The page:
NASSAU, BAHAMAS – Three of six persons involved in the highly publicized Michelle Reckley money laundering and fraud case were released of all charges brought against them by the Crown following a shocking move by Magistrate Ambrose Armbrister on Friday.
Michelle Reckley, alongside five others, were hauled before the Magistrate Court on February 13 on a laundry list of 41 money laundering and fraud charges.
The prosecution alleged that Reckley, along with James Hall, Joseph Lightbourne, Stephanie Collie, Kylone Vincent and James Wildgoose were involved in unscrupulous fraudulent activity while Reckley served as Director of Urban Renewal in Grand Bahama.
According to magistrate Armbrister, the 22 money laundering charges were statute barred because the prosecution – in violation with the Proceeds of Crime Act – took too long to file charges against the accused.
Under the Criminal Procedures Code, Section 213 – charges on money laundering must be filed within six months of the alleged activity.
Considering that the charges were only filed one month ago, Ambrose told Collie, Vincent, Wildgoose that all charges were dropped against them.
The prosecution also brought Chistopher Symonette before the court to be charged along with the trio; but he was never formally charged.
He too was told that he was a free man on Friday.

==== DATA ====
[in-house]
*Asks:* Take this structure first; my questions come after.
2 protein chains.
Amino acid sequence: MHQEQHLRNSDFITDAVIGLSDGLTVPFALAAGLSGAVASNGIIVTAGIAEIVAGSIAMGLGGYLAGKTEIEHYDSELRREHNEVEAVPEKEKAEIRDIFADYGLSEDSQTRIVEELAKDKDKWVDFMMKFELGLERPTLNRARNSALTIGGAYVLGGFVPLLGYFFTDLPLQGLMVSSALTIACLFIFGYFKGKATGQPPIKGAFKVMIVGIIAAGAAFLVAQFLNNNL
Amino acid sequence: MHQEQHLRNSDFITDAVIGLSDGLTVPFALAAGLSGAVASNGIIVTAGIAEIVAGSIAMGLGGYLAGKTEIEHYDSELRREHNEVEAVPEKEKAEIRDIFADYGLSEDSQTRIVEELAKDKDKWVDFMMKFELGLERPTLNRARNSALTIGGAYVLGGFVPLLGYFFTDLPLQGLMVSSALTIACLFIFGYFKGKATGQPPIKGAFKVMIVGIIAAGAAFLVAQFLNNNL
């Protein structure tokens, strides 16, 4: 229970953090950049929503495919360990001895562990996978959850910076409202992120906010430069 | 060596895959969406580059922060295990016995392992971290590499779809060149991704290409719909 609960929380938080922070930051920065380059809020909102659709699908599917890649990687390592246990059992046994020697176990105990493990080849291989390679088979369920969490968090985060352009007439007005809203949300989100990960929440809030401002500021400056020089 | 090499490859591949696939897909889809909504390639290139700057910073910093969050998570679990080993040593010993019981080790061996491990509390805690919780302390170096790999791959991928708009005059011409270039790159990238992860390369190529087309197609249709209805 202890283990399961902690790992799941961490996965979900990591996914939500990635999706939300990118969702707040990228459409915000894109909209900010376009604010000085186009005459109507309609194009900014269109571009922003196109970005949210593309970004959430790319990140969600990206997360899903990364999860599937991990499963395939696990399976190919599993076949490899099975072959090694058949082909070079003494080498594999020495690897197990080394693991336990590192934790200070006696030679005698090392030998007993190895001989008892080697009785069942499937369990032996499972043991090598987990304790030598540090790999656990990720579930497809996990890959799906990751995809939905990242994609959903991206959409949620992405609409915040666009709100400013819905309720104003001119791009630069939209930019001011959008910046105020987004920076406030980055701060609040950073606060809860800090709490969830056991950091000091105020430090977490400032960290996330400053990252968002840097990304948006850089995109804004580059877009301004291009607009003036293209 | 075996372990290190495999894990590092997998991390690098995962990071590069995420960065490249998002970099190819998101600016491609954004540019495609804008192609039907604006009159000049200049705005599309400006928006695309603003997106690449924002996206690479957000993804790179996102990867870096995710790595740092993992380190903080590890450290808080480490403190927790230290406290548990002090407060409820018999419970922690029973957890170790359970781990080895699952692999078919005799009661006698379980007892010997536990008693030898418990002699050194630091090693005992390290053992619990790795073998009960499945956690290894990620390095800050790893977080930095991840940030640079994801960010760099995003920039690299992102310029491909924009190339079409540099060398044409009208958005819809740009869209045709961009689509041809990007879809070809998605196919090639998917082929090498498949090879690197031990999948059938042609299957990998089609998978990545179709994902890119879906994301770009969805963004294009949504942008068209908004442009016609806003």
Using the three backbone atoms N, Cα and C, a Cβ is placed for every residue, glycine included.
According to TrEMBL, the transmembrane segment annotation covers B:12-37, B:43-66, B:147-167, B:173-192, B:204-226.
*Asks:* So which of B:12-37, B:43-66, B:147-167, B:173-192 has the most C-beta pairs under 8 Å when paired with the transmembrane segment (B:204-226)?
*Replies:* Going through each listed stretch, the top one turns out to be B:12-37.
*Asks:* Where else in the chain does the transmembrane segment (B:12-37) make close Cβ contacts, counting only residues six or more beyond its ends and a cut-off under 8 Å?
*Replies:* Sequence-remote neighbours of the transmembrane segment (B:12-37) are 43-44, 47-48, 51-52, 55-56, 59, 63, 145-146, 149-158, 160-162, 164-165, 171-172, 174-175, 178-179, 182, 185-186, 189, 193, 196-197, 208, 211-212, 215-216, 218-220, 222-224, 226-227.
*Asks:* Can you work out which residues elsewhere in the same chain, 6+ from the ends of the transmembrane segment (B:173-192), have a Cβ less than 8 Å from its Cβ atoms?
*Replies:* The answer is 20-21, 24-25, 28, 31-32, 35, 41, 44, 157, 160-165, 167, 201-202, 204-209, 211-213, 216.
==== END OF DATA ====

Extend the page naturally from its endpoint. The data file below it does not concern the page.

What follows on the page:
“The money laundering charges were statute barred and there was no jurisdiction in the magistrates’ court to hear and determine those matters so he released our respective clients as a result of that,” Damien Gomez, defense team attorney, explained.
This is the second surprise to unfold in just a matter of weeks since the case was initially brought before the court.
The first blunder was that the prosecution brought six individuals before Magistrate Joyann Ferguson-Pratt, but there were no court documents to outline what charges would be brought against them.
Twenty-four hours later, prosecutors slammed the group with 41 charges of money laundering and fraud.
Since then, magistrate Ferguson-Pratt recused herself from the case and handed it over to magistrate Armbrister.
“This is the second occasion that I have come to court and seen persons brought before a magistrate without even a sheet of paper setting out the charges and it is clear, from what happened this morning, that no attention was given to more than half of the people who were brought before the court,” Gomez said.
“It’s really a very bad reflection on the prosecuting authorities that something as obvious as this was not discerned.”
Symonette said the prosecutions abuse of justice was a waste of his time and a blow to his professional image.
“This damaged my professional reputation and my character; but the court has spoken and I am free to go,” Symonette exclaimed.
Gomez told Eyewitness News Online Friday that the defense team is confident that their remaining clients will be vindicated.
“They will return on October 21 for their trial and we anticipate that we will have them vindicated at the end of that trial period,” Gomez opined.